A socialist icon from Third Reich ruins (or where the Karl-Marx-Allee began)
It was built, quite literally, from the rubble of Berlin's past, including stone salvaged from Hitler's Chancellery and black marble removed from Hermann Göring's country estate.
And although few today are likely to recognise the name Hochhaus an der Weberwiese (tower block on the Weberwiese), it was once East Berlin's most celebrated building - the first of the socialist city's high-rise dwellings, and a precursor to the development of the monumental Karl-Marx-Allee.
Designed by the architect Hermann Henselmann in neoclassically influenced 'Stalinist' style, work began on the groundbreaking residential complex in 1951.
Enthusiastically greeted as a symbol of progressive urban renewal, the Hochhaus appeared on posters extolling East Berlin's new-build programme, featured on a GDR postage stamp (below), and was even commemorated in the lyrics of a popular song.
This sense of celebration is reflected, too, in remarkable stone friezes adorning adjacent apartment blocks that also formed part of the original Weberwiese complex (below).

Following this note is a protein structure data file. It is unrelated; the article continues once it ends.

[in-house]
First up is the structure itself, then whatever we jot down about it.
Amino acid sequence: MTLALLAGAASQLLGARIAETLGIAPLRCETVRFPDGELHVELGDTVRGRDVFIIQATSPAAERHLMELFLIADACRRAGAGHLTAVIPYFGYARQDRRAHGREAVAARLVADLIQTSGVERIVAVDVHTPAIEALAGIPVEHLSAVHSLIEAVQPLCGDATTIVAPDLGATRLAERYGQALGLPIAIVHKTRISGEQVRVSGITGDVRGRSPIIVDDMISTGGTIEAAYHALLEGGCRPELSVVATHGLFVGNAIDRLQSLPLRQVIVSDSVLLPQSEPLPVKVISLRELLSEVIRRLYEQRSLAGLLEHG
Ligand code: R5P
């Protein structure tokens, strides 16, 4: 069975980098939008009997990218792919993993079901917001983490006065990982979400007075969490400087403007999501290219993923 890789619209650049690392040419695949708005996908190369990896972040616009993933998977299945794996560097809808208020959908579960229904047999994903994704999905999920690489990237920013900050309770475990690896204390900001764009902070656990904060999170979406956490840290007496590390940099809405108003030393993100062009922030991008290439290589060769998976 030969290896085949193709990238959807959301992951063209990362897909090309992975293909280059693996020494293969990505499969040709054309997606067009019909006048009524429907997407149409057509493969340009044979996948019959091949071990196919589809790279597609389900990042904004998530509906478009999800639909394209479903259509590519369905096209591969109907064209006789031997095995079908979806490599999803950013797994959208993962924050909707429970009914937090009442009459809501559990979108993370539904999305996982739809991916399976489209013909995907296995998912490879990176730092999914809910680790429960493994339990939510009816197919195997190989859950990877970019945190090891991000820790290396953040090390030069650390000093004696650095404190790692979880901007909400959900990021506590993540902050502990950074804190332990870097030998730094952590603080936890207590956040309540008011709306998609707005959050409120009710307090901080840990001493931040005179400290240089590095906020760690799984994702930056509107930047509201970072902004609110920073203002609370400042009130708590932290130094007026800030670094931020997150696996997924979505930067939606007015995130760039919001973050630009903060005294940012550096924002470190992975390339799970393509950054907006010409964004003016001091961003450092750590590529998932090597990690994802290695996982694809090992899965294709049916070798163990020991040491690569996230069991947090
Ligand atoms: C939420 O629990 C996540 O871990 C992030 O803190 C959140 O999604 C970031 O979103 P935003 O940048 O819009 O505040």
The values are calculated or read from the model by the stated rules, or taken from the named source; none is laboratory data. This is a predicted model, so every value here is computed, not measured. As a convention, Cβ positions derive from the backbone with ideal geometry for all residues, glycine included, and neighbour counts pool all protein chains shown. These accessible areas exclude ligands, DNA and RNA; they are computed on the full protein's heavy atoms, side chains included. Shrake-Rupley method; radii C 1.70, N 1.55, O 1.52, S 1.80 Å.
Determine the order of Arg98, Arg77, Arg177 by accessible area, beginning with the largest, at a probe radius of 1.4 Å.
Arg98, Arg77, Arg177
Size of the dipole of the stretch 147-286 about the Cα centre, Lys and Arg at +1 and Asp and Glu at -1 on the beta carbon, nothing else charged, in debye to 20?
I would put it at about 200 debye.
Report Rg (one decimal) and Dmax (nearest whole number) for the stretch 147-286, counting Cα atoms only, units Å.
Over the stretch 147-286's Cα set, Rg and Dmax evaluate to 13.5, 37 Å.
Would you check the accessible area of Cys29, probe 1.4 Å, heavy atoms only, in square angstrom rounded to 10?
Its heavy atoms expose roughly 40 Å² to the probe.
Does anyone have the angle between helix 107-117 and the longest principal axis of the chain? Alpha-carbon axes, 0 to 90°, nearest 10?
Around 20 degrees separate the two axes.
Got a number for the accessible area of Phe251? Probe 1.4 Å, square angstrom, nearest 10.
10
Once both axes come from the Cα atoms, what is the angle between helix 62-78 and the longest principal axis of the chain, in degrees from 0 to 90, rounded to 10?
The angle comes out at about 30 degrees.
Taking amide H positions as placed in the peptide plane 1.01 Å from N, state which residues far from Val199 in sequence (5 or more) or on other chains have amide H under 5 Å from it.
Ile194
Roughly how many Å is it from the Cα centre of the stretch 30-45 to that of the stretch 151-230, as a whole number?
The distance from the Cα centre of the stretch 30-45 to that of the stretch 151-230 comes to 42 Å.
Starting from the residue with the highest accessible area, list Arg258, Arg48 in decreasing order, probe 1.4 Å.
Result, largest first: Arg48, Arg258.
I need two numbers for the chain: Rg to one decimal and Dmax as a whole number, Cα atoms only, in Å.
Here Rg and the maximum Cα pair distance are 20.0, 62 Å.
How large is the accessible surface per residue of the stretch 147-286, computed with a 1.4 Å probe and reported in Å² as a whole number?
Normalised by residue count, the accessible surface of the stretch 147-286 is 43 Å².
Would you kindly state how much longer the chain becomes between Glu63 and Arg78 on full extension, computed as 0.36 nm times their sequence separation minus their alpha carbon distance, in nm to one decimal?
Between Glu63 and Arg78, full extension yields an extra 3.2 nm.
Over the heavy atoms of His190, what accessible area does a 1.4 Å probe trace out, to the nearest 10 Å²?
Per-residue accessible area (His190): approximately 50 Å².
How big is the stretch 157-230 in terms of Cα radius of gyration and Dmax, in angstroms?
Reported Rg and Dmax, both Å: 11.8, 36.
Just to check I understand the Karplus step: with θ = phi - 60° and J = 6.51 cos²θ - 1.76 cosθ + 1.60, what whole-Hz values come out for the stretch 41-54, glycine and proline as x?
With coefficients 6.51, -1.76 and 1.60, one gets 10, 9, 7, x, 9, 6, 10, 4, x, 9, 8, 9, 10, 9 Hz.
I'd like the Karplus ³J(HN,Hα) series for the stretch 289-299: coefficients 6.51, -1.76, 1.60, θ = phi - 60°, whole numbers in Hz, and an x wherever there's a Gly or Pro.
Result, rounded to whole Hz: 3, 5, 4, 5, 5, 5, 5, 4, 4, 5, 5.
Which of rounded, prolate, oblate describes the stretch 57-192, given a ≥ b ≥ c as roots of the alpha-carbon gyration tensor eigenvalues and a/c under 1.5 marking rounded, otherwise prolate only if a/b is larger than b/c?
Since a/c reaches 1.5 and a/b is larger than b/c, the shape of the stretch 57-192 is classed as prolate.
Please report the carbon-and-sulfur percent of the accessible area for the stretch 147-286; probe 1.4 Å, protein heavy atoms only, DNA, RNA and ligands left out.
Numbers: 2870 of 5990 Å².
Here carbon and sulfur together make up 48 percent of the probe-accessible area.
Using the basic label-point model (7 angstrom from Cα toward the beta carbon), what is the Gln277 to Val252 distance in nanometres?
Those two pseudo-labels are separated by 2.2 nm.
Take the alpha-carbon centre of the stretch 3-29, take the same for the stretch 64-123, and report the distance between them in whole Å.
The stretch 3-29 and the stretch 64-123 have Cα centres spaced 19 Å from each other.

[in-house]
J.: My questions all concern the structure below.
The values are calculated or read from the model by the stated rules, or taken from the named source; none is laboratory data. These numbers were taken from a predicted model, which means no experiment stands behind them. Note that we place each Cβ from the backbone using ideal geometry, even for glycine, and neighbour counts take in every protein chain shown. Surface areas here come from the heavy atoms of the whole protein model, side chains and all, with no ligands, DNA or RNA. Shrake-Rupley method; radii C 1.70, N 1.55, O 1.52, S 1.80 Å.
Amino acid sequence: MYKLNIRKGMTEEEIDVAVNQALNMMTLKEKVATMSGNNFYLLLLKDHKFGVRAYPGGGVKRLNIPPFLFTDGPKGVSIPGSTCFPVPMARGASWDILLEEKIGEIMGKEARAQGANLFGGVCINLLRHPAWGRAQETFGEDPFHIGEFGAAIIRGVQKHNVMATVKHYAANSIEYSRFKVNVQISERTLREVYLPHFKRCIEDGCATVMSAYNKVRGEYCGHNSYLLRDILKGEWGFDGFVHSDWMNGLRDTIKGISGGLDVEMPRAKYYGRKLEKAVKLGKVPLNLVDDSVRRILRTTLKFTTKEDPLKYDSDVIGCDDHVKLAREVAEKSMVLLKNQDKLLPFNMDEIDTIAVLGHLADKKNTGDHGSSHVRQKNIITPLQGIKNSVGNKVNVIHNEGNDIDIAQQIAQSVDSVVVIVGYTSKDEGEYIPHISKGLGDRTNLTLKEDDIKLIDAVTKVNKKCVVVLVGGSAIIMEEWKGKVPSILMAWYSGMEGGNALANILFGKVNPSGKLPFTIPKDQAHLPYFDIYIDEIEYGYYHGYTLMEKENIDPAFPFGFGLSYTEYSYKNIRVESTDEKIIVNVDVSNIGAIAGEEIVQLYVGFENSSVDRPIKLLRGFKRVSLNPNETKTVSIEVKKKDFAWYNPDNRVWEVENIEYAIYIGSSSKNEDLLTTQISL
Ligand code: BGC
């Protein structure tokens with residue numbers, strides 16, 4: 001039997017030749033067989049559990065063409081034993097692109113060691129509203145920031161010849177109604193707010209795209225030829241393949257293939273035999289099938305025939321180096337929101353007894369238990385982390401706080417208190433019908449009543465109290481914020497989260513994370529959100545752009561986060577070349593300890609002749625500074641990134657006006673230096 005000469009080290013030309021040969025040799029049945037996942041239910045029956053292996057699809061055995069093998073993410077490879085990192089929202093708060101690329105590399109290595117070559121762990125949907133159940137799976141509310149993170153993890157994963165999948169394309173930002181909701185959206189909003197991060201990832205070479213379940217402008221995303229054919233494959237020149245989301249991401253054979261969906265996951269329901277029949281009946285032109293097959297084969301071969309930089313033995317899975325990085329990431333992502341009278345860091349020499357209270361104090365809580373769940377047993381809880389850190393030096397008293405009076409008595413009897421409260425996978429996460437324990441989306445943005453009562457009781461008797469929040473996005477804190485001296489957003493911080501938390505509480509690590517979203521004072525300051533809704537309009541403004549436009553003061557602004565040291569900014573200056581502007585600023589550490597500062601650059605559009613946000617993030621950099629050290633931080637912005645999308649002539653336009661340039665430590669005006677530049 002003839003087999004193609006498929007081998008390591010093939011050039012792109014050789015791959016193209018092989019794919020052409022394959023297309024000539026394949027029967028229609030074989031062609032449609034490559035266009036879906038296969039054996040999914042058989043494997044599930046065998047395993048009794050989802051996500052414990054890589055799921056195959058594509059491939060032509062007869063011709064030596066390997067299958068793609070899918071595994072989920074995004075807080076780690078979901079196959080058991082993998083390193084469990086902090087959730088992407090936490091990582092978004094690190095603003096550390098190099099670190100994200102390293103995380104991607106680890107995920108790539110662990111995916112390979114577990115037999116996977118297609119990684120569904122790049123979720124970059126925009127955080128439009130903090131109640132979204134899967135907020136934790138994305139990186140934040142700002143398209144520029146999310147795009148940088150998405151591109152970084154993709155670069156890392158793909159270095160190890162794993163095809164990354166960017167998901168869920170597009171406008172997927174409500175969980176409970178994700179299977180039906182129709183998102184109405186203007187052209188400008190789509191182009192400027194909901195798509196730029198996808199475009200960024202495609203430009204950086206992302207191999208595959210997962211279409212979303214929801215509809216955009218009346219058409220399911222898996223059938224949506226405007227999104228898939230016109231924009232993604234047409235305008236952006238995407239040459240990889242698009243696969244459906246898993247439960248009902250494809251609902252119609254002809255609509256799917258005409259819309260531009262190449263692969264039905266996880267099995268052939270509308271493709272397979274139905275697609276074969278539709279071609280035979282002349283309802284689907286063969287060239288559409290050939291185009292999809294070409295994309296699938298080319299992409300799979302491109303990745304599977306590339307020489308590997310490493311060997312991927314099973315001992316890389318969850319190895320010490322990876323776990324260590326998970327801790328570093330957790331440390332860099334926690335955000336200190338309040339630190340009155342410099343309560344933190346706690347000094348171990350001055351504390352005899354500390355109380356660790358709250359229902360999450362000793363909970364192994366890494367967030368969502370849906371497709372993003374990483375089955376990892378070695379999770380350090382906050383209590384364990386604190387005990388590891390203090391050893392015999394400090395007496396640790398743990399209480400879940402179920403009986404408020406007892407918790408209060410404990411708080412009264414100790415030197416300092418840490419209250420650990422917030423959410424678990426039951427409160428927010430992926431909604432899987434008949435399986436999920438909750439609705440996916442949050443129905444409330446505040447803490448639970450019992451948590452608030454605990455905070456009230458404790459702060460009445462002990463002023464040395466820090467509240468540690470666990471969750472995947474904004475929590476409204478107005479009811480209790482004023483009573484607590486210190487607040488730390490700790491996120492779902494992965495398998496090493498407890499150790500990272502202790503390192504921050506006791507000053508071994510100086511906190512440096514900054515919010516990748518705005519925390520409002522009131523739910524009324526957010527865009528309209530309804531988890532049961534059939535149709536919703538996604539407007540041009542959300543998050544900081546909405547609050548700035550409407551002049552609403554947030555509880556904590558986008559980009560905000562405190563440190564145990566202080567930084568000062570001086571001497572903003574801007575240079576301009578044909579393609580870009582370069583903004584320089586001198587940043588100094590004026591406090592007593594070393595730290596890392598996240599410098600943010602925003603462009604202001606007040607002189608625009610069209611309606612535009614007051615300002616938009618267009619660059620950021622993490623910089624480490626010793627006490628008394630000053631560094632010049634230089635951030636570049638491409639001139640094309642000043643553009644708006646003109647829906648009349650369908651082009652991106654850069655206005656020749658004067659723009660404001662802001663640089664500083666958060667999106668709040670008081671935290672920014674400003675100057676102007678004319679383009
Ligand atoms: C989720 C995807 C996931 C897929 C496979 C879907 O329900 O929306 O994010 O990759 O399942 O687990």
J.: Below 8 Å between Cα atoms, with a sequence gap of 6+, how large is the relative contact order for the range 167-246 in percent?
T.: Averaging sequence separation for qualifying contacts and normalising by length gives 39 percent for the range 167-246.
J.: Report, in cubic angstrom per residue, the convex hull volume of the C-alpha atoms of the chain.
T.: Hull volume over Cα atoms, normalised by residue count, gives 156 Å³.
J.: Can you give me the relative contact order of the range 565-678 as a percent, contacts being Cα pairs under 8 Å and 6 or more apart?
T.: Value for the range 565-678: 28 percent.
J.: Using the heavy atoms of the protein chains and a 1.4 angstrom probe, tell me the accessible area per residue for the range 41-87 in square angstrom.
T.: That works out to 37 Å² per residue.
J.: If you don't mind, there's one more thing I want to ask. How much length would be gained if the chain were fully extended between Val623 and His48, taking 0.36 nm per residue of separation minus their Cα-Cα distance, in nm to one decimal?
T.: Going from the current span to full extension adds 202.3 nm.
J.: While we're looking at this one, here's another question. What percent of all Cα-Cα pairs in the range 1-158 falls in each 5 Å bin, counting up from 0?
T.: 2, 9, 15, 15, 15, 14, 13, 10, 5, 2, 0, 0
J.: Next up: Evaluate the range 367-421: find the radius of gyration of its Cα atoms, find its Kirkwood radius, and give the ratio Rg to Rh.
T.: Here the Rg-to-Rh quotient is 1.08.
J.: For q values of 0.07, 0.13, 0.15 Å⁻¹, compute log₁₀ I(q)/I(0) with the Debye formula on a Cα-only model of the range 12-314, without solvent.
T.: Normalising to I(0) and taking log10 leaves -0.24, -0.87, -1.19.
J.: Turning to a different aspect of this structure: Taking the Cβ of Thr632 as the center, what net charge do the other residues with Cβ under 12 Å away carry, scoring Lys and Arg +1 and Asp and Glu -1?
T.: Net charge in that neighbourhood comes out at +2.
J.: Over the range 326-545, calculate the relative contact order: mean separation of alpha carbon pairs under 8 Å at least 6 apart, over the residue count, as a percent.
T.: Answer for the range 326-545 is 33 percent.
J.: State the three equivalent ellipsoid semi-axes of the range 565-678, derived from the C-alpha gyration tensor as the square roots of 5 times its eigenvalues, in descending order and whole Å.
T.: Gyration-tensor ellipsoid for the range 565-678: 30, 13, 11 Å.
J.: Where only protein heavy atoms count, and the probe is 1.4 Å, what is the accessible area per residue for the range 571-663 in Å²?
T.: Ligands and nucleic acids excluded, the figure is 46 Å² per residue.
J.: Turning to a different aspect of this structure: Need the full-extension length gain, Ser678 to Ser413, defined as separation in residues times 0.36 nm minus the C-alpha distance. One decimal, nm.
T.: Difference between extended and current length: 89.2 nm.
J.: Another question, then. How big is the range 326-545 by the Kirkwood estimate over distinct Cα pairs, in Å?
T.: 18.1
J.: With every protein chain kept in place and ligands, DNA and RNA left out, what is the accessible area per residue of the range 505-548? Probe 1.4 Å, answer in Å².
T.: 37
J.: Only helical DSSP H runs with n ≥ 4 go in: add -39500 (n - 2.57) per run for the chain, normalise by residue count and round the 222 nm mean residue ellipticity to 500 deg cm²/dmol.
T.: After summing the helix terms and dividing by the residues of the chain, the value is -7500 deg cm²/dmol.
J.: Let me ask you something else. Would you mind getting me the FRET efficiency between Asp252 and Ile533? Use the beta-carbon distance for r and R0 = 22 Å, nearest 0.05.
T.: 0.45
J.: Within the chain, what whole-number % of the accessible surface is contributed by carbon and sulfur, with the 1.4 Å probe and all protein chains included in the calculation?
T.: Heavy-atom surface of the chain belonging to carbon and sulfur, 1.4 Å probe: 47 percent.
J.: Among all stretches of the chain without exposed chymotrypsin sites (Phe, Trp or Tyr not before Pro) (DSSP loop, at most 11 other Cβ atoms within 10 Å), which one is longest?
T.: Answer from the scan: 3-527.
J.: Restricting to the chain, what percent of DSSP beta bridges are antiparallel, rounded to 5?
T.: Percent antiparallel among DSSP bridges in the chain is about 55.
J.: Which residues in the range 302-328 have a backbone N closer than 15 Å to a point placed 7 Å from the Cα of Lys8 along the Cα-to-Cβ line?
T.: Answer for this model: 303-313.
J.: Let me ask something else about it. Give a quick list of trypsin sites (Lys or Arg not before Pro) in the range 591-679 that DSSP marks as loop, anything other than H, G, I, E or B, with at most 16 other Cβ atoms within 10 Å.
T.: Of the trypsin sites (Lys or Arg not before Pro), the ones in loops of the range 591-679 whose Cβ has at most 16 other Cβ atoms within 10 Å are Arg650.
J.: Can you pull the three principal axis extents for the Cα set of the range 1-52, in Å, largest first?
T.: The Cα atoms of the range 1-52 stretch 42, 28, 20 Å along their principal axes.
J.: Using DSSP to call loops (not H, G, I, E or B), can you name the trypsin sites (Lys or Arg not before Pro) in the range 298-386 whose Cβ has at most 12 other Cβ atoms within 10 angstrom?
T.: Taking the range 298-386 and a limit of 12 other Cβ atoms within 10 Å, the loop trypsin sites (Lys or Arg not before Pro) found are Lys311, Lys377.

Depicting East Berliners heralding the construction of a new, socialist capital, the figures include a surprisingly rare depiction of a Trümmerfrau, one of the legions of women who helped clear the city of rubble in the aftermath of WWII.
The first residents moved into the spacious, well-equipped apartments in 1952, and the same year, work began on the far more ambitious redevelopment of the Karl-Marx-Allee (then known as Stalinallee).
Following the success of the Weberwiese, Hermann Henselmann was again given the task of designing much of the avenue's stately 'wedding cake' architecture, including the iconic domed towers at Frankfurter Tor.
Today, of course, the imposing boulevard is one of Berlin's leading attractions, but it's well worth taking a short detour to visit the lesser-known architectural and artistic treasures of the Weberwiese - and to see the place where the rebuilding of the socialist city actually began.
Hochhaus an der Weberwiese: Marchlewskistraße 25, 10243 Berlin; GDR friezes, Marchlewskistraße 16-22